The Manipur Cabinet this week finally approved the draft Manipuri Pony Conservation and Development Policy to protect the Manipuri pony which is endangered and is found only in the state of Manipur.

 

Moirangthem Okendro, Minister Rural Development said, “The Cabinet was concerned with the decline in the population of Manipuri Pony. In 2003, the number of pony was 1898 which decreased to 1101 in 2012.” Independent assessment says only 500 may have been left. 

 

The state Veterinary & Animal Husbandry Department will be the nodal department to implement the policy. Manipuri Pony Development Board will also be formed with Chief Minister as the Chairman. Clearly, they have suddenly woken up to the issue after years of campaigns, protests and civil society pressure. 

 

Manipuri ponies are considered to have descended from the Asian wild horse and have been recognised as one of the five breeds in India. Except, there were no conservation policies in place.

 

Manipur reveres its horses and it even has a temple- Marjing Temple just outside Imphal, probably the only temple anywhere for horses. The main deity IboudhouMarjing,sits on a winged pony, surrounded by smaller marble ponies. The temple is probably about good health and virility associated with horses.

 

It is no surprise that the modern game of polo was founded in obscurity here and this breed of ponies typical to Manipur were used for the game. The original polo pony can still be seen in Imphal though polo is not the favourite sport amongst Manipuris any longer. The first European polo club in India was The Retreat in Silchar started in 1859. The first competitive match as we know it today is also said to be held there in the same year.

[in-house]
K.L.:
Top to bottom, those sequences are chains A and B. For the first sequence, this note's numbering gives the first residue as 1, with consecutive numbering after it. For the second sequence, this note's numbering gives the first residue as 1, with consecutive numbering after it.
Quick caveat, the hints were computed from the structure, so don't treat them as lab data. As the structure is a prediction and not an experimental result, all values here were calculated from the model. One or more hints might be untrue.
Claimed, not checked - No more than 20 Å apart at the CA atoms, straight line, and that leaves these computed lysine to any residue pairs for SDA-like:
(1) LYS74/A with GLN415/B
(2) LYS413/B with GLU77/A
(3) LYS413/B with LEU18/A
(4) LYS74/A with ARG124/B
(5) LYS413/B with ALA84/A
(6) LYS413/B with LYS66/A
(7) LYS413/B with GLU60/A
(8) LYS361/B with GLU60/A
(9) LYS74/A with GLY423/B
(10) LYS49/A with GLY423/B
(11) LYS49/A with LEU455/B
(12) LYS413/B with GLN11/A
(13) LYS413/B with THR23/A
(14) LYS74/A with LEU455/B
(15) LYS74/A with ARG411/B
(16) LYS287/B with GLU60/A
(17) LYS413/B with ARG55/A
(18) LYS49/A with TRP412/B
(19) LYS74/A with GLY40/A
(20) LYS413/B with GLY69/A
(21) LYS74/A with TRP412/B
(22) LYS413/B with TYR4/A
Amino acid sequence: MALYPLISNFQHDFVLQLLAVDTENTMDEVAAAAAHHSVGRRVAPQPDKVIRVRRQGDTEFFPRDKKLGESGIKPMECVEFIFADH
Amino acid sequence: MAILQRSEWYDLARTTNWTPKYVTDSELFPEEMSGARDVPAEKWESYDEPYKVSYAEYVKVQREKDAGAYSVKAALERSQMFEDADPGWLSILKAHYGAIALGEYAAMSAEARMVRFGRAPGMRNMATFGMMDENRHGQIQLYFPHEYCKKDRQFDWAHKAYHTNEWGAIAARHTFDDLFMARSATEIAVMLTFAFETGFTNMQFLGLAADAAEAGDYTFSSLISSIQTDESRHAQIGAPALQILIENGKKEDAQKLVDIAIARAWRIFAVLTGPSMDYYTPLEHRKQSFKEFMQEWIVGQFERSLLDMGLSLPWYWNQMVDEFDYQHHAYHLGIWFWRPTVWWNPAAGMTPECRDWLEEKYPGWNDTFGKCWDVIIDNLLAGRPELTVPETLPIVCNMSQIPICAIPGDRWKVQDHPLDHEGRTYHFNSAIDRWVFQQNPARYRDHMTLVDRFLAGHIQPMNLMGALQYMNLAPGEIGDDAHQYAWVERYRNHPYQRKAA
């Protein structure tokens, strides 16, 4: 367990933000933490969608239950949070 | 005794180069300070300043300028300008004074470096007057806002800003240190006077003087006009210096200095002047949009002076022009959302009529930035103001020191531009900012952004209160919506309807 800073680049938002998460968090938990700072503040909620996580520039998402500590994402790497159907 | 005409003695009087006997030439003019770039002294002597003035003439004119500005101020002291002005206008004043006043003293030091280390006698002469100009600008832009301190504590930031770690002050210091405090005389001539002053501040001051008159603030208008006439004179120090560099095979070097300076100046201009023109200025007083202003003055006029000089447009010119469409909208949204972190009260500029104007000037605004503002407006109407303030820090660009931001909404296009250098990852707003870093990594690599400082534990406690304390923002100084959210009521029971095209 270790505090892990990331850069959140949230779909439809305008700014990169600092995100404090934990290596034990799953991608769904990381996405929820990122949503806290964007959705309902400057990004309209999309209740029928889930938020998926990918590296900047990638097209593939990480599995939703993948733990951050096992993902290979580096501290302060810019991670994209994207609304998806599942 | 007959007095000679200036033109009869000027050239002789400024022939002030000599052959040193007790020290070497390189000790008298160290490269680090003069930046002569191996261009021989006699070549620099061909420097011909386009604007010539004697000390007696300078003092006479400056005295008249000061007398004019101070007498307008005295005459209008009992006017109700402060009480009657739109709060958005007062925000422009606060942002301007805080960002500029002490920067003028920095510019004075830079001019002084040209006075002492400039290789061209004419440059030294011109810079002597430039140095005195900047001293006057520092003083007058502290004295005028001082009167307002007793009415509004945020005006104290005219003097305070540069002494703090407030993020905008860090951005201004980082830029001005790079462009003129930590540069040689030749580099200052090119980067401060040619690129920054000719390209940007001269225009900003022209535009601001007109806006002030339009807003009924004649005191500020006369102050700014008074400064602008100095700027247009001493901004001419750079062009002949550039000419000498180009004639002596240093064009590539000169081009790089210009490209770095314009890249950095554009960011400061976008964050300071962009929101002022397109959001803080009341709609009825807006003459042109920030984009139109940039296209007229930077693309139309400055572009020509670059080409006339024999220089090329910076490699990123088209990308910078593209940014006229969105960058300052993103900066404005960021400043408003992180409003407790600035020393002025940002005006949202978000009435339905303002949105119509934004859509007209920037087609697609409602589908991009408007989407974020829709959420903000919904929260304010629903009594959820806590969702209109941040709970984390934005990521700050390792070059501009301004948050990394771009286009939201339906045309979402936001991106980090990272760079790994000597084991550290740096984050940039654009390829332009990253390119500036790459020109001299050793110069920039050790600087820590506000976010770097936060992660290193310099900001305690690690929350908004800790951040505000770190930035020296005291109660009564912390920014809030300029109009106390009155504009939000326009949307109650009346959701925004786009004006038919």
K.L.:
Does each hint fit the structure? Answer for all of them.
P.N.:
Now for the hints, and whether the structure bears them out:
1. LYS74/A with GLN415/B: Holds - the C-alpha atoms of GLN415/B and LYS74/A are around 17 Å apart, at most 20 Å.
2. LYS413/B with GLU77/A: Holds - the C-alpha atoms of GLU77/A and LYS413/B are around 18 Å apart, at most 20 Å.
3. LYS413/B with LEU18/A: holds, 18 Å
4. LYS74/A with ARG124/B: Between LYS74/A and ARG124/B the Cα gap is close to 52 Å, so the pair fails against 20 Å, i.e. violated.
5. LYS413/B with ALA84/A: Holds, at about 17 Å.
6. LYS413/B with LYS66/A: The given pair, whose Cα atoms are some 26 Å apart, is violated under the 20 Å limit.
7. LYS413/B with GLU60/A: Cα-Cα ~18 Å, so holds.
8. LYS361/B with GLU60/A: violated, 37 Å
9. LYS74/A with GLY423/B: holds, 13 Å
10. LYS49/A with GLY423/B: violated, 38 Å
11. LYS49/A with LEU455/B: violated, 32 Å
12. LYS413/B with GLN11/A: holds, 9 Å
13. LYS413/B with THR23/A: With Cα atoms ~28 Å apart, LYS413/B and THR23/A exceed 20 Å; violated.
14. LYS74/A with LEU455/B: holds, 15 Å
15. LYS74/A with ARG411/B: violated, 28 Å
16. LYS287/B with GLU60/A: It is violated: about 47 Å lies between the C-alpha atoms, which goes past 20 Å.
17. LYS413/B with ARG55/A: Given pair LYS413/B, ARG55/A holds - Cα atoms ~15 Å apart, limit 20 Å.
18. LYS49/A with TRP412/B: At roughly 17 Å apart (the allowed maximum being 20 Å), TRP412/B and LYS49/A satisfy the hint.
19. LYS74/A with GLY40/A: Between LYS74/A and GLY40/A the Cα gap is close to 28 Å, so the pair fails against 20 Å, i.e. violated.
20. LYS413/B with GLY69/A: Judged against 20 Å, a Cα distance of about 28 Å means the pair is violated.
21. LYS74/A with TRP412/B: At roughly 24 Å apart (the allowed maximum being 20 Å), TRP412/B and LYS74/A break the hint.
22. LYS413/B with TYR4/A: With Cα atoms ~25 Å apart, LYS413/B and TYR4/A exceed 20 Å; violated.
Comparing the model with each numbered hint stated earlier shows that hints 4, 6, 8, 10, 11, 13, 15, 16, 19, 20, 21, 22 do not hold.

The club is no more, but a commemorative inscription of the first match still stands today behind the District Library in Silchar. The oldest club, still in existence, is the Calcutta PoloClub, which was established a few years later, in 1862.


In 1864, the Silchar Polo Club raised a team called Band of Brothers and they played in Calcutta. The ponies were taken by country boat. In 2009, a turbaned, dhoti-clad team played an exhibition match in what is now Kolkata;this time the ponies were transported in army trucks.

 

For a number of people, polo was and still is the most common introduction to Manipur. ‘Polo was founded there’ is a sentence one may hear from those who pretend to know a thing or two about this place. But beyond that,most will have nothing to narrate. Even insiders know very little about it. But the origins of polo may help historians trace the origins of the Meiteis.

 

Polo became a casualty to Manipur falling prey to the World War II and Patel’s annexation of Manipur to the IndianUnion. It lost state patronage and died a slow death.

 

The game was not called polo in Manipur. It was known as Sagol Kangjei which was adapted and adopted as polo.Sagol means pony and Kangjei is a game of sticks. In Manipur, it’s played with seven players each who mount and ride ponies that are usually about four-five feet tall. Each player is fitted with a stick made of bamboo root.

 

Extremely masculine and vigorous, the game is now played in two forms – the pana or original Manipur style and the international one. It is fascinating to see how elderly people also ride the ponies and play the game.

 

The players are attired in regal and indigenous dress, turbaned and they wear a dhoti-like outfit. It’s a white dhoti without borders, but it does not go below the knee. On his head the jockey wears a big white turban held by a khadangchet i.e. chin strap. He also wears a cotton jacket with short sleeves. The jacket and
khadangchet bear team colours.

 

Since no footwear is worn,the player covers his ankles with khunningkhang, a piece of leather or cloth held by straps. Above the khunningkhang,to protect the calves, he wears a padded shin guard called khongyam, also held by straps. It’s a coincidence of sorts but most of this region is very egalitarian and the royalty is not separated from the common man. Polo is otherwise considered a royal sport, but in Manipur it has always been a common man’s game.

 

The divine guardian, Marjing watches over the sport. One of the rituals performed even today in the Umang Lai (sylvan deities representing ancestors)
worship is a mime by the Maibi (priestess), holding a mallet in her hand, enacting a game of polo.Perhaps, time for Marjing to save the pony from trotting into extinction. 

 

(Part of this article has been excerpted from the author’s 2013 book Che in Paona Bazaar: Tales of Exile and Belonging from India’s Northeast  Pan Macmillan)